I've created a collaborative narrative game called "Watch the World Die". It generates prompts and event chains allowing a group of players to create "the history of the apocalypse" and it is intended for prepping PostApoc RPG worlds, although it can also be played all by itself. The game is currently in beta, it's free and published in PDF format - here it is.

I want to ask people to read it, play it, and see if they can find any bugs, missed items, or flaws in the rules. Is this a relevant question to ask on RPG.SE?

Note: I've read related threads on meta, but I haven't seen a definitive ruling. And this seems like a somewhat different circumstance since my game is a support tool for RPG campaigns rather than literally an RPG itself. So I decided to make a new question for it.

  • \$\begingroup\$ Role-playing Games Chat and the Community Promotion Ads are probably better tools for this kind of "get the word" out type of "question." \$\endgroup\$ – AceCalhoon Mar 13 '14 at 13:51
  • \$\begingroup\$ Thanks Ace. I'm still playtesting, not ready to start promoting. I'll check out the chat. \$\endgroup\$ – As If Mar 13 '14 at 13:56
  • \$\begingroup\$ See meta.rpg.stackexchange.com/questions/987/… for previous guidance on playtesting questions. \$\endgroup\$ – mxyzplk Mar 13 '14 at 17:58
  • \$\begingroup\$ @AsIf I'd also recommend chat for playtesting, as it lets you have a better back-and-forth (and gives a good source of recruits). You can create your own room if you want to cut down on cross chatter. \$\endgroup\$ – AceCalhoon Mar 13 '14 at 18:40

I want to ask people to read it, play it, and see if they can find any bugs, missed items, or flaws in the rules. Is this a relevant question to ask on RPG.SE?

No, you shouldn't be asking that here - it'd go against a few points on our What types of questions should I avoid asking? page. Specifically, real questions have answers, which this one doesn't, and it's not the kind of question we field - it enters the realm of discussion. I'll quote two paragraphs from the beginning of the don't ask page:

You should only ask practical, answerable questions based on actual problems that you face. Chatty, open-ended questions diminish the usefulness of our site and push other questions off the front page.

If your motivation for asking the question is “I would like to participate in a discussion about ______”, then you should not be asking here. However, if your motivation is “I would like others to explain ______ to me”, then you are probably OK. (Discussions are of course welcome in our real time web chat.)

Set up a discussion board, a report system, or something else and use that to handle your playtest reports. If you want a discussion board, maybe try the Discourse beta, made by the same Jeff Attwood who cofounded Stack Exchange - I've tried it and it works pretty well.

But really: Stack Exchange would suck at handling this anyway.

The entire reason we have questions to avoid is because those are questions this system doesn't handle well. Stack Exchange chose its niche of Q&A, and it does that really well at the expense of sucking at everything else. There are other systems that better support the other stuff.

Here's why it'd suck at handling your playtest reports:

  • The voting and accepted answer systems are not relevant to you. What is the point of having a negatively voted playtest report, or a positively voted one for that matter? If anything, they'll be a distraction. At its worst, it'd be discouraging people from giving you feedback, because they don't want to get downvoted / won't get votes / etc.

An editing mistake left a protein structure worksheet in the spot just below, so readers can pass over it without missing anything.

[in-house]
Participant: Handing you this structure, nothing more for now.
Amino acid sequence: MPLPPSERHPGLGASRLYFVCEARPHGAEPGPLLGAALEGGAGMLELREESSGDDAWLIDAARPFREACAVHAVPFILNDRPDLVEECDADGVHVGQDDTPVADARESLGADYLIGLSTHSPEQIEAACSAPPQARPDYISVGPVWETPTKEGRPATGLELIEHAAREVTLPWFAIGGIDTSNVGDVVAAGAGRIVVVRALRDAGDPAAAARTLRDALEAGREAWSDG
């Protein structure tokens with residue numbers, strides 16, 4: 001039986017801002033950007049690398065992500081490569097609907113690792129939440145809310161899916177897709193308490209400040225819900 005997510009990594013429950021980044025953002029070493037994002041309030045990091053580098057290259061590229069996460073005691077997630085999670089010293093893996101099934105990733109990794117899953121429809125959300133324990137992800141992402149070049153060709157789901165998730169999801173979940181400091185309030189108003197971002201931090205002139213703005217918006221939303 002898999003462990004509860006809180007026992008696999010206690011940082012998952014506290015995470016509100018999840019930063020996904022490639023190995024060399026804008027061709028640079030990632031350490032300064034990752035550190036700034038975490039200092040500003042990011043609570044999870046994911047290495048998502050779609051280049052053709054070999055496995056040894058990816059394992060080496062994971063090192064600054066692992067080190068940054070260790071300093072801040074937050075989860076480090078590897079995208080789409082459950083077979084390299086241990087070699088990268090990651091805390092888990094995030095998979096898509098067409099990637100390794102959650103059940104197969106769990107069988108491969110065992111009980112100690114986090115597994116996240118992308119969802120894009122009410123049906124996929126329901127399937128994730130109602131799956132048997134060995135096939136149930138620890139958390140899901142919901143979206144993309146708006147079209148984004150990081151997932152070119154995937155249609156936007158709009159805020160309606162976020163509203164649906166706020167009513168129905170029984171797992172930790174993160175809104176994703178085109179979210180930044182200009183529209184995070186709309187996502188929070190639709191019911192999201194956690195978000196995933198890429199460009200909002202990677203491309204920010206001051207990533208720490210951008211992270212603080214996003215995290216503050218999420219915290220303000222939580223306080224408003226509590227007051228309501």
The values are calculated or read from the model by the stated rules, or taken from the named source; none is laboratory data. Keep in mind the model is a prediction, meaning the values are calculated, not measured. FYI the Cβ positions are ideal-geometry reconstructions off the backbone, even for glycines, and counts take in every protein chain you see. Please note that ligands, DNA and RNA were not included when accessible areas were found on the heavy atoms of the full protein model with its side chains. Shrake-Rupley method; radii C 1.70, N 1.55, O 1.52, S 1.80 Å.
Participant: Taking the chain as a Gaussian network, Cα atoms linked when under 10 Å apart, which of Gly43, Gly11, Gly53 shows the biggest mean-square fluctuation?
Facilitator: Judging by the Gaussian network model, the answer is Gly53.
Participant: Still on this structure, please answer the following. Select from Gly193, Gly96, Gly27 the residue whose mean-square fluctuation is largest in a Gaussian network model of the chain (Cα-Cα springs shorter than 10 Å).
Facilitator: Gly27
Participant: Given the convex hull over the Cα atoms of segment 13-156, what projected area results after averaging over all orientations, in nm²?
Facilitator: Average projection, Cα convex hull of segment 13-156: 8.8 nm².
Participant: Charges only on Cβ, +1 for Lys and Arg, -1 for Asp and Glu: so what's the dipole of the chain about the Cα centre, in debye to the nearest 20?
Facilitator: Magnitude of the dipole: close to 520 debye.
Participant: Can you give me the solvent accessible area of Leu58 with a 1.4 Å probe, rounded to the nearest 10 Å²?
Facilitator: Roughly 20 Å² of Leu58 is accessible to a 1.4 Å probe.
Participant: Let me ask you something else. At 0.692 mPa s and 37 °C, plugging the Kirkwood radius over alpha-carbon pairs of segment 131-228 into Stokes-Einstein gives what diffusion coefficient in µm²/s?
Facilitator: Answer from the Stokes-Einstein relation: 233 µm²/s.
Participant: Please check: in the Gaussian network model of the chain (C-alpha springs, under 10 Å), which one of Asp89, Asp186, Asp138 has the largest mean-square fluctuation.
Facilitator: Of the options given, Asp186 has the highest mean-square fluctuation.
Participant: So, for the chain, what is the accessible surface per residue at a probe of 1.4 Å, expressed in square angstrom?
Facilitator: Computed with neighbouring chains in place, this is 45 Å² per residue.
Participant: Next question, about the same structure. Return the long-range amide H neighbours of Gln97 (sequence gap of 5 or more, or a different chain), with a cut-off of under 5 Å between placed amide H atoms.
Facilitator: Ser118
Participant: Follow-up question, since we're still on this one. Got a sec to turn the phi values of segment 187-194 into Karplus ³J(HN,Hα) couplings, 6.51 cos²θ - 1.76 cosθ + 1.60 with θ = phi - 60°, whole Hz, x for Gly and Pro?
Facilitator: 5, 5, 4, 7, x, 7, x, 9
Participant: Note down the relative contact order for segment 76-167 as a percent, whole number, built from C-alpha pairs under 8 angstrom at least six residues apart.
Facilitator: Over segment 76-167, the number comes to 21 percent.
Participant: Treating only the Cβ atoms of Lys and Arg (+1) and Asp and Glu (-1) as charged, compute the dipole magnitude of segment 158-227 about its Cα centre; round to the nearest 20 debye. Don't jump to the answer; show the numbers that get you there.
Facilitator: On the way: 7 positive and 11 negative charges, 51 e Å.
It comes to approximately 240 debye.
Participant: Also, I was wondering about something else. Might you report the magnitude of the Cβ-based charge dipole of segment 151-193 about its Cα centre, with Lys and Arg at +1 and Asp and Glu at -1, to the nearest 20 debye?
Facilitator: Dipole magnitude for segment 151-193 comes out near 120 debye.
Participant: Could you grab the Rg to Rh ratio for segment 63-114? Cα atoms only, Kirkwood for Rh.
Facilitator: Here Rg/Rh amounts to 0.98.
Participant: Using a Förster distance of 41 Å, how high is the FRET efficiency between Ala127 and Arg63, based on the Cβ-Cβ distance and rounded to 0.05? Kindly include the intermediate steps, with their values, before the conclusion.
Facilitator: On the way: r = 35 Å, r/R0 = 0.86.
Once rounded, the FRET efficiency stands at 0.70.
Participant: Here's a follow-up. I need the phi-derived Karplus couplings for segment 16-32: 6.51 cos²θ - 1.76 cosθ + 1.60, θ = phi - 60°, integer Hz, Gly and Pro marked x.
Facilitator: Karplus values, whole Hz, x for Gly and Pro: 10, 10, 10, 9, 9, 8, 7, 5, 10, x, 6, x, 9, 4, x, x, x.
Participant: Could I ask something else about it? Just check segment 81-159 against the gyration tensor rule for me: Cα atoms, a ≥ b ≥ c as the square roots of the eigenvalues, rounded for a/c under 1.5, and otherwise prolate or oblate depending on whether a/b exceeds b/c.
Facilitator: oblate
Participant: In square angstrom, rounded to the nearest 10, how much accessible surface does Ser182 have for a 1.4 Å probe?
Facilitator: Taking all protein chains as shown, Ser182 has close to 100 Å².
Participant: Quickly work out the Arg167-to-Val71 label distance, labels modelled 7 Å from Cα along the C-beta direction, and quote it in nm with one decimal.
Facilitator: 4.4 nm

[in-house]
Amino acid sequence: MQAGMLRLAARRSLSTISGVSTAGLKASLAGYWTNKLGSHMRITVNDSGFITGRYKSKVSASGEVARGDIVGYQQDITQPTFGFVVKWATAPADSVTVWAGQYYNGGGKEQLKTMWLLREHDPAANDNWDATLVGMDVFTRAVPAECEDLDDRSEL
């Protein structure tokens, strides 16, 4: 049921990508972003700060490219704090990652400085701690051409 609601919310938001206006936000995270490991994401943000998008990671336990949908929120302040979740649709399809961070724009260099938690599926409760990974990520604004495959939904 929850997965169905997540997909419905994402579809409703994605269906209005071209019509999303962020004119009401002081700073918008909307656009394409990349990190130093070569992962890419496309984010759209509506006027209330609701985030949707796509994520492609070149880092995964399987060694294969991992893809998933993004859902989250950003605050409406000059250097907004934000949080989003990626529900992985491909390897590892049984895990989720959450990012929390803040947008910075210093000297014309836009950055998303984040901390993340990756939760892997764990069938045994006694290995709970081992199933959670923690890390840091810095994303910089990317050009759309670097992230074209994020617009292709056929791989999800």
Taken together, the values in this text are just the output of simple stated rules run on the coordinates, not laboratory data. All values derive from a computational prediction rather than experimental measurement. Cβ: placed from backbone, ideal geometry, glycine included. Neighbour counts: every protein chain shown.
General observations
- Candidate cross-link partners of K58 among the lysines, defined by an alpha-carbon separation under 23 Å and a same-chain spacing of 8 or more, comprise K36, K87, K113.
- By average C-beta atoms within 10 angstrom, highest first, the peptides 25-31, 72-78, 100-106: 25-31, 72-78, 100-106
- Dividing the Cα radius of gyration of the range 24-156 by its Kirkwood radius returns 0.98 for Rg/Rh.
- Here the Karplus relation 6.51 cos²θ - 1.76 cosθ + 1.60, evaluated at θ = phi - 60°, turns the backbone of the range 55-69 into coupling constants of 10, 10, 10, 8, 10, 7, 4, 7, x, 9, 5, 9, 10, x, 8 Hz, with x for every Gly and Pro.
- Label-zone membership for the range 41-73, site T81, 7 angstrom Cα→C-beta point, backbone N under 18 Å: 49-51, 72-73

• If someone submits an individual playtest report, it would be helpful to launch into discussion on it, ask further questions, talk with others about particular points, etc. Our comments will not support doing that. Forums will.
  • You do not need the community editing functions all that badly. They're not relevant.

So, really, you just need some other system that gives you what you need without the distractions of irrelevant Stack Exchange features.

  • \$\begingroup\$ Gotcha. And thanks for the link. That looks interesting. \$\endgroup\$ – As If Mar 13 '14 at 12:46

It's a bit tricky, because I think what you've designed itself would be on topic, but the question you want to ask is very broad and pretty much requires discussion in order to get good answers. As it hasn't been played yet, there isn't a body of knowledge out there to rely on to answer a question like "is there flaws in it?"

For a question like "are there flaws in the rules?" consider a case where two people play test and post answers:

  1. I say "no, it works great!"
  2. Someone else says "yes, because X"

In order to figure out if X is really a flaw, more play testing will need to be done and a discussion will have to happen. RPG.SE's questions aren't the place for that discussion (although chat could be!).

The same thing would be true in regards to missing items, except that one is also prone to answers that are lists of stuff you'd want to see in a post-apocalyptic setting. Questions that just ask for lists are also frowned on.

So, No

At the moment, I don't think that question is a good fit for the site. It's possible that we can reword it into one or more questions that would be a better fit, but IMHO you'd be better suited to a forum type environment for a play test like this.

  • \$\begingroup\$ I agree the wording is of vital importance. "Are there flaws in the rules?" is a great example of a terrible question. I was thinking more along the lines of "Point out a bug or a common-sense item that I missed". Maybe put a bounty on it. But I totally get your point. I'll think about it some more, and if I can rephrase it in a suitable way I'll come back to it. Thanks. \$\endgroup\$ – As If Mar 13 '14 at 12:38

You must log in to answer this question.

Not the answer you're looking for? Browse other questions tagged .